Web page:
Monday, May 13, 2013

Monday Morning Musings

The markets were mostly lower in the first hour of trading but are now more mixed as the Nasdaq has recouped its early losses.

In economic news, April retail sales surprised to the upside with an increase of 0.1% after declining -0.5% last month.  Also, in March business inventories were unchanged vs. expectations for a 0.3% increase.

Overnight, Asian markets ended on a mixed note.  Japan hits new 5-year highs while China and Hong Kong were lower.  Over the weekend the G7 meetings failed to point the finger at Japan for weakening the yen to gain a competitive advantage.  In China, industrial production rose 9.3% from 8.9% the prior month.  And Australian home loans rose 5.2%.

In Europe most markets are lower today.  The German finance minister said he opposes purchases of asset-backed securities by the ECB.  Swiss retail sales slipped -0.9%.

So far, defensive sectors like healthcare and consumer staples are bucking the weakness, while materials, energy, and industrials are lagging.

The 10-year yield is a little higher again to 1.92%.  The volatility index is up 1% but still at very low absolute levels of 12.75.

Commodities are mostly lower.  Gold prices are lower near $1432 and oil prices are also down around $94.75.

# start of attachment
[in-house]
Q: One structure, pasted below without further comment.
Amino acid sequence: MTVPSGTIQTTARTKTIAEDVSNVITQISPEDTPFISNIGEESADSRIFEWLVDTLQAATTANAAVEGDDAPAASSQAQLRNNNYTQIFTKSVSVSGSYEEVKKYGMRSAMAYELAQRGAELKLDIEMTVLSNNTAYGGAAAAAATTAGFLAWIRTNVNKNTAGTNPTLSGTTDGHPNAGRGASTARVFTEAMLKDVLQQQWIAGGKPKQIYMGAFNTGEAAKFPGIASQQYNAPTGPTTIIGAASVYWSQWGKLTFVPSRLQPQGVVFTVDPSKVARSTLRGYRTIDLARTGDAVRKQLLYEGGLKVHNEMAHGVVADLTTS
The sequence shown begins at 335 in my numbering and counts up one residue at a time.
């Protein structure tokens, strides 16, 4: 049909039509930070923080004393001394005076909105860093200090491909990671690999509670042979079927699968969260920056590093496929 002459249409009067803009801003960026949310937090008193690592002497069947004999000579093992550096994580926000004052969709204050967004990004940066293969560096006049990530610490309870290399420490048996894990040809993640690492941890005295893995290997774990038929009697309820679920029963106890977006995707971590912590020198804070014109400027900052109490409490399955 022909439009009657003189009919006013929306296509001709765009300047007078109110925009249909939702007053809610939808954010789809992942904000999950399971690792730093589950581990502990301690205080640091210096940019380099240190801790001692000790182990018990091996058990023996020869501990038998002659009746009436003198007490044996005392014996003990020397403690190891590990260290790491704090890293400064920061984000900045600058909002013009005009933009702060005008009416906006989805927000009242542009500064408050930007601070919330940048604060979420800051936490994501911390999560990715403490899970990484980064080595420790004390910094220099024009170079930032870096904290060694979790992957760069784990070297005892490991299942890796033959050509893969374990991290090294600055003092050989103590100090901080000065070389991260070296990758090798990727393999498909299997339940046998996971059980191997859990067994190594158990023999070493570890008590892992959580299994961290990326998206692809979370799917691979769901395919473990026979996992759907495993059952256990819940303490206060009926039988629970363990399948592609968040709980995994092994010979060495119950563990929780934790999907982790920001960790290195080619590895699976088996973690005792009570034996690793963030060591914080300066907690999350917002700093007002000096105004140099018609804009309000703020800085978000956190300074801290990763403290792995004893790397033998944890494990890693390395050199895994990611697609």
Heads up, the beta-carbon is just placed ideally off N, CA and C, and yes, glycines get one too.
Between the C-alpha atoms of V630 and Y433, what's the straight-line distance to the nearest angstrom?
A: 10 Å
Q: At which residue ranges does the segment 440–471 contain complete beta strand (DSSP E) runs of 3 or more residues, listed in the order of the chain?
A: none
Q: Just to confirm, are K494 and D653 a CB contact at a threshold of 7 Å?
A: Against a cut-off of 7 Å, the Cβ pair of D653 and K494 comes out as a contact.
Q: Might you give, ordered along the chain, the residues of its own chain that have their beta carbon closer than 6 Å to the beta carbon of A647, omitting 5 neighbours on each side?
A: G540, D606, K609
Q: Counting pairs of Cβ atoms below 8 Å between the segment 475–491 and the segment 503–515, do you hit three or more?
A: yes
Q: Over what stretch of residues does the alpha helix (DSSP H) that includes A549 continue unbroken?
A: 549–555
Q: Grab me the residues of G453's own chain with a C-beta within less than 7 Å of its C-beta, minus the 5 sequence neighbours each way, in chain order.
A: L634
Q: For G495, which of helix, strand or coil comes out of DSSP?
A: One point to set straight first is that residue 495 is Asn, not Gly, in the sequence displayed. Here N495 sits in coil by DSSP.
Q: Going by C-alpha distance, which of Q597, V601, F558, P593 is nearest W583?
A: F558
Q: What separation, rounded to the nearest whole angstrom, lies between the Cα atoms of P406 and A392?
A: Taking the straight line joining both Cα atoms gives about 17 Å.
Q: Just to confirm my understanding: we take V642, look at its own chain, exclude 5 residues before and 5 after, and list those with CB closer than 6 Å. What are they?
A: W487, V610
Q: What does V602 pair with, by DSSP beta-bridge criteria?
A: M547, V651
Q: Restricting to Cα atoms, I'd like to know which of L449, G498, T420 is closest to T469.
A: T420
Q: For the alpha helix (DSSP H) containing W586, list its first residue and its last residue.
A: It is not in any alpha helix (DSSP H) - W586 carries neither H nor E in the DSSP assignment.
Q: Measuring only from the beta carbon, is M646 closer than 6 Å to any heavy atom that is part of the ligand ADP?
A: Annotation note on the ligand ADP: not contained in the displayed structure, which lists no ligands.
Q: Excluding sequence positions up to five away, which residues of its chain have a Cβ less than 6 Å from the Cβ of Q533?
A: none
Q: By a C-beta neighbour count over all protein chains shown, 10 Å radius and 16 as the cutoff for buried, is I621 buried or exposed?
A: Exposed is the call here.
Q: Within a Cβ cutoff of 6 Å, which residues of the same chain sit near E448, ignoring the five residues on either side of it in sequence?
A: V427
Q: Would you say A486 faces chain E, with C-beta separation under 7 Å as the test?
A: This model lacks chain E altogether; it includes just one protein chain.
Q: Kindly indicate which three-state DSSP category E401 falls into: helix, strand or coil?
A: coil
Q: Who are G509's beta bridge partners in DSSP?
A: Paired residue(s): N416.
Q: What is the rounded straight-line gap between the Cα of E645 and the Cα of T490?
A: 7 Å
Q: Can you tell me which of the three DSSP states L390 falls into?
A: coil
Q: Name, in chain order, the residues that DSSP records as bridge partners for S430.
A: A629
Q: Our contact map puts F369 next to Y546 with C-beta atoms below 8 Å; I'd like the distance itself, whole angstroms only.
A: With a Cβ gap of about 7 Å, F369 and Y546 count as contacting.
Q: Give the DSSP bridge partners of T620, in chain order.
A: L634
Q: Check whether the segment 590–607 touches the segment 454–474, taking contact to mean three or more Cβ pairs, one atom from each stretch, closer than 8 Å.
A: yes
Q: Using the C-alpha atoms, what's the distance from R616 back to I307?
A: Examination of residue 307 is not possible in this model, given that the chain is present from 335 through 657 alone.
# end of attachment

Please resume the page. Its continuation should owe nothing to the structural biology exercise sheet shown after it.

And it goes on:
Trading comment: Its still early in the session, but for the last few days the markets have been doing more of the same.  The indexes are consolidating recent gains in a sideways fashion without really declining in any big way.  And underneath the indexes the rotation out of formerly defensive areas like utilities and into more growth areas continues.  So far, the 'Sell in May' folks have been sorely mistaken on thinking that pattern would show up in spades this year.  Calling tops in the market are even more difficult that calling bottoms.  One reason is that tops in the market are often more of a process, with several test of the markets highs while lows often times are more of a one-time event where the market plunges to new lows and then reverses from there on a surge in volume.  But for now we remain in that stair-step rally we have been describing all year.  Don't fight the tape.


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